3) Use caution around equestrians. While many trail horses are getting more accustomed to vehicular travel, they can still be easily spooked. Stop well ahead of them, and turn off your engine unless waived by. On quads and dirt bikes, stop on the downhill side of the trail, as a horse's instinct with uphill movement is to anticipate a predator.

4) In general, yield to uphill traffic. This is not a rule, it's a guideline. Use common sense please, and most of all be patient. We've all been in situations where its in the best interest of all parties to yield to downhill traffic.

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I am all for treading lightly and respecting others on the trails, it's common trail safety/consideration for others.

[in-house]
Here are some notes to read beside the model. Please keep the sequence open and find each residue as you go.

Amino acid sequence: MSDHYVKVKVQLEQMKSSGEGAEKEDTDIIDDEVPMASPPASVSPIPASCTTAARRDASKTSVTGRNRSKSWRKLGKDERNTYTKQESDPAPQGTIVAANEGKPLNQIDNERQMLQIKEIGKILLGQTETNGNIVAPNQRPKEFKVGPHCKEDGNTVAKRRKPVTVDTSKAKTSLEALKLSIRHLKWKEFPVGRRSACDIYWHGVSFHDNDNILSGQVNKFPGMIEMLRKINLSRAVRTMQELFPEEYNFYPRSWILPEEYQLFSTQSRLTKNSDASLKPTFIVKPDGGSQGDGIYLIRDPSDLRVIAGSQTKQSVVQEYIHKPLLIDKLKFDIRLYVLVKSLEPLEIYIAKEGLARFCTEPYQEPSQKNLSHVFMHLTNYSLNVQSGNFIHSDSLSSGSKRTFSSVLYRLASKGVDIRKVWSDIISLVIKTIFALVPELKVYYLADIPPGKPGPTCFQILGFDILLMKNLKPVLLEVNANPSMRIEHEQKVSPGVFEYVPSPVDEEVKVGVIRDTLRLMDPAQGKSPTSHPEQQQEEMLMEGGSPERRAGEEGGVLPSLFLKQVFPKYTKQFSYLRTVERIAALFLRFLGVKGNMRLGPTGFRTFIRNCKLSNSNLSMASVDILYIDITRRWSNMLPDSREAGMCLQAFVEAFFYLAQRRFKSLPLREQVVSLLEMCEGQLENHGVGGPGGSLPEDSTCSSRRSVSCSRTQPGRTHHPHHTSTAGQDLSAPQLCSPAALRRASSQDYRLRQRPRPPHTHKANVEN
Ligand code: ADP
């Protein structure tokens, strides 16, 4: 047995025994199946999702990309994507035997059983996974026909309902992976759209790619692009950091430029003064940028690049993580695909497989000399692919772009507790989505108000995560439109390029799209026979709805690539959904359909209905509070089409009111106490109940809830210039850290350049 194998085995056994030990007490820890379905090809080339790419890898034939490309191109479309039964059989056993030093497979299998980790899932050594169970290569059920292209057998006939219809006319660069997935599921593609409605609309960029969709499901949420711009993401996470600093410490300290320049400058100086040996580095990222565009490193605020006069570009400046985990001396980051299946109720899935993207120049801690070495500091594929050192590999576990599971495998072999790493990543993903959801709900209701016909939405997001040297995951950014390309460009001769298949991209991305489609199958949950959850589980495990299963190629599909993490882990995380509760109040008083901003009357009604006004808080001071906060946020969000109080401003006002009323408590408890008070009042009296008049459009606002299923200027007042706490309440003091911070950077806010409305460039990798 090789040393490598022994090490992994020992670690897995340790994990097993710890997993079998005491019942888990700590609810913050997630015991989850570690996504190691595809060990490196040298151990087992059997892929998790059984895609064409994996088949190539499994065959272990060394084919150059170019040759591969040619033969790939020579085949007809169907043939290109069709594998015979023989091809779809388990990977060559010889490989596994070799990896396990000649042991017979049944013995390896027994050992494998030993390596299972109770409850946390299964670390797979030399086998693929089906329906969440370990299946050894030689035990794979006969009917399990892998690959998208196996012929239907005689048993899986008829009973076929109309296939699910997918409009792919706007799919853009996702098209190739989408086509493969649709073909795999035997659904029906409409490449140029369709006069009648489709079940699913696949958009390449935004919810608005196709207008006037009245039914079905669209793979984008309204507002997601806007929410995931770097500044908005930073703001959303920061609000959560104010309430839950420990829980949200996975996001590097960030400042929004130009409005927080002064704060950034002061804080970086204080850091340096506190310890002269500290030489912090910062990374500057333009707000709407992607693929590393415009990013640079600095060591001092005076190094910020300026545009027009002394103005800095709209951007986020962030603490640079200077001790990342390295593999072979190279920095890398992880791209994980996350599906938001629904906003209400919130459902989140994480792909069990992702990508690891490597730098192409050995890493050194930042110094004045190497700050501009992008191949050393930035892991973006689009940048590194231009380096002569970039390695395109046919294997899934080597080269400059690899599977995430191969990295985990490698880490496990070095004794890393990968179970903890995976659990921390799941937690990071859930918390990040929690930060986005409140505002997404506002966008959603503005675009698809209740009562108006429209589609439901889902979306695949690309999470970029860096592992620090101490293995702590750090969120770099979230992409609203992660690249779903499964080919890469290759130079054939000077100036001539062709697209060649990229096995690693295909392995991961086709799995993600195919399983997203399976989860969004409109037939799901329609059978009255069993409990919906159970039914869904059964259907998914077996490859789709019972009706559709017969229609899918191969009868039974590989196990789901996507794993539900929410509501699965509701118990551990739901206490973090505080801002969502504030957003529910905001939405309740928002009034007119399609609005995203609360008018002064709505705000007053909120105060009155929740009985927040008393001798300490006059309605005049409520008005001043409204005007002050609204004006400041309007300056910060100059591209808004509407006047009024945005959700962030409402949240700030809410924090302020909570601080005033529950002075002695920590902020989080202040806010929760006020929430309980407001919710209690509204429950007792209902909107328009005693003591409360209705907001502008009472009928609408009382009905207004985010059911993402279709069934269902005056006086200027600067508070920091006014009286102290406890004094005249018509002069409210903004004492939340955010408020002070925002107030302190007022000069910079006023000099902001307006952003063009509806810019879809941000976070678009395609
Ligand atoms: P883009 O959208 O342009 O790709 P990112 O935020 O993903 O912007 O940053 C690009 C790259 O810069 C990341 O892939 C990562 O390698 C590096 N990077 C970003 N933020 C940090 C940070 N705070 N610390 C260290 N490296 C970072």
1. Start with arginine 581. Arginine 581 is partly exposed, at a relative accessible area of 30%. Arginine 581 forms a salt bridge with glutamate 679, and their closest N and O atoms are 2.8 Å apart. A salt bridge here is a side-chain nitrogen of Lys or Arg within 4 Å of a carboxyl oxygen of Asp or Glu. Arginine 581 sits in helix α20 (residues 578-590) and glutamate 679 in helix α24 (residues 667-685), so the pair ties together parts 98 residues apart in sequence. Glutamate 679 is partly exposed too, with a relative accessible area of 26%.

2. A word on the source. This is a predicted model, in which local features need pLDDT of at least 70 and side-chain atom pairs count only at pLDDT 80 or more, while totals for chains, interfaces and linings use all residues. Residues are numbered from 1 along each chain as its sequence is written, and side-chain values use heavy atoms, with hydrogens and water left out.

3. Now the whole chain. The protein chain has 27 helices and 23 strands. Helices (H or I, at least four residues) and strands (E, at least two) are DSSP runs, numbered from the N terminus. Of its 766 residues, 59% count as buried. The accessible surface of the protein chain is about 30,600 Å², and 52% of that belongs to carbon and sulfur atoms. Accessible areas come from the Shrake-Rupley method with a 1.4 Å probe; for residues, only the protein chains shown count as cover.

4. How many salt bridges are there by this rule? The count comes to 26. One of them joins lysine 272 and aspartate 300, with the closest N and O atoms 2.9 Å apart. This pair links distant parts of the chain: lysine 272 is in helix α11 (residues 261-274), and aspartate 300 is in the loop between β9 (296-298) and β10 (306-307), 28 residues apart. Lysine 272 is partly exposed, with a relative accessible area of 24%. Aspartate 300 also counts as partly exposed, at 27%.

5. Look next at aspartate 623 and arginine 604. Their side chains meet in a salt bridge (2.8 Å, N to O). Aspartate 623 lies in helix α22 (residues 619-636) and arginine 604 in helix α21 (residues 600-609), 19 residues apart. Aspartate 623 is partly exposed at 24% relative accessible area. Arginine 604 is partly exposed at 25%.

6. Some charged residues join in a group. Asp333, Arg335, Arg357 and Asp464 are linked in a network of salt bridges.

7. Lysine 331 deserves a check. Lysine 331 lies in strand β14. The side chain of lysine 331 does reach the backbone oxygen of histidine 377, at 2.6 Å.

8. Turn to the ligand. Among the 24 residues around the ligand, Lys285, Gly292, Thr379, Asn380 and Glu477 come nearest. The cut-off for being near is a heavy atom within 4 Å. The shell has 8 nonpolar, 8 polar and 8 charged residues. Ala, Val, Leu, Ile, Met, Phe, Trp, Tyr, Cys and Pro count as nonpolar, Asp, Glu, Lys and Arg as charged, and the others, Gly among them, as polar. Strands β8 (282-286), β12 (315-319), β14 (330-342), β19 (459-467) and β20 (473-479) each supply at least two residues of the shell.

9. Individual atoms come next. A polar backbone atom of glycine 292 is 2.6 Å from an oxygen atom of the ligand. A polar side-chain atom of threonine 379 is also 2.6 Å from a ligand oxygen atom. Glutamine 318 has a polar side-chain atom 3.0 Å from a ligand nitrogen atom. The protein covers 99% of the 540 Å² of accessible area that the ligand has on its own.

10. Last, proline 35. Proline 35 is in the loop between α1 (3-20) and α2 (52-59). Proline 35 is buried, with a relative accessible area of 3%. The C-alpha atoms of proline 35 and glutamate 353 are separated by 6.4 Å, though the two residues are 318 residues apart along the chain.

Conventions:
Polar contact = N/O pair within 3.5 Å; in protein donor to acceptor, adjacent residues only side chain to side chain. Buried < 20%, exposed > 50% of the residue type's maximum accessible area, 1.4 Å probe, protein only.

My big issue is that the forest rangers and the parks and recreation association here caters more towards the coalitions trying to shut down local riding trails then actually fight for our rights to keep the trails open. Between having to do an environmental study to see what kind of impact an event will cause to the local wildlife, cause if you fail in one county you failed the whole state and you're not allowed to re-test for another year if not longer depending on who does the test and if the person doing the test likes your organization or not.

As well as training rangers on how to implement the new sound regulations correctly instead of just look at a bike or quad and just say "You have an aftermarket pipe you don't meet the dB requirements. Here's your ticket." Seen it happen and got in an argument with friend that's a wild life officer that claimed she could tell what dB level a quad was at without her meter. :aargh:

We all do our best to play by the rules but just like every other legislation agency in America there's to many private interest groups involved and crooked people in charge.

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Jonny,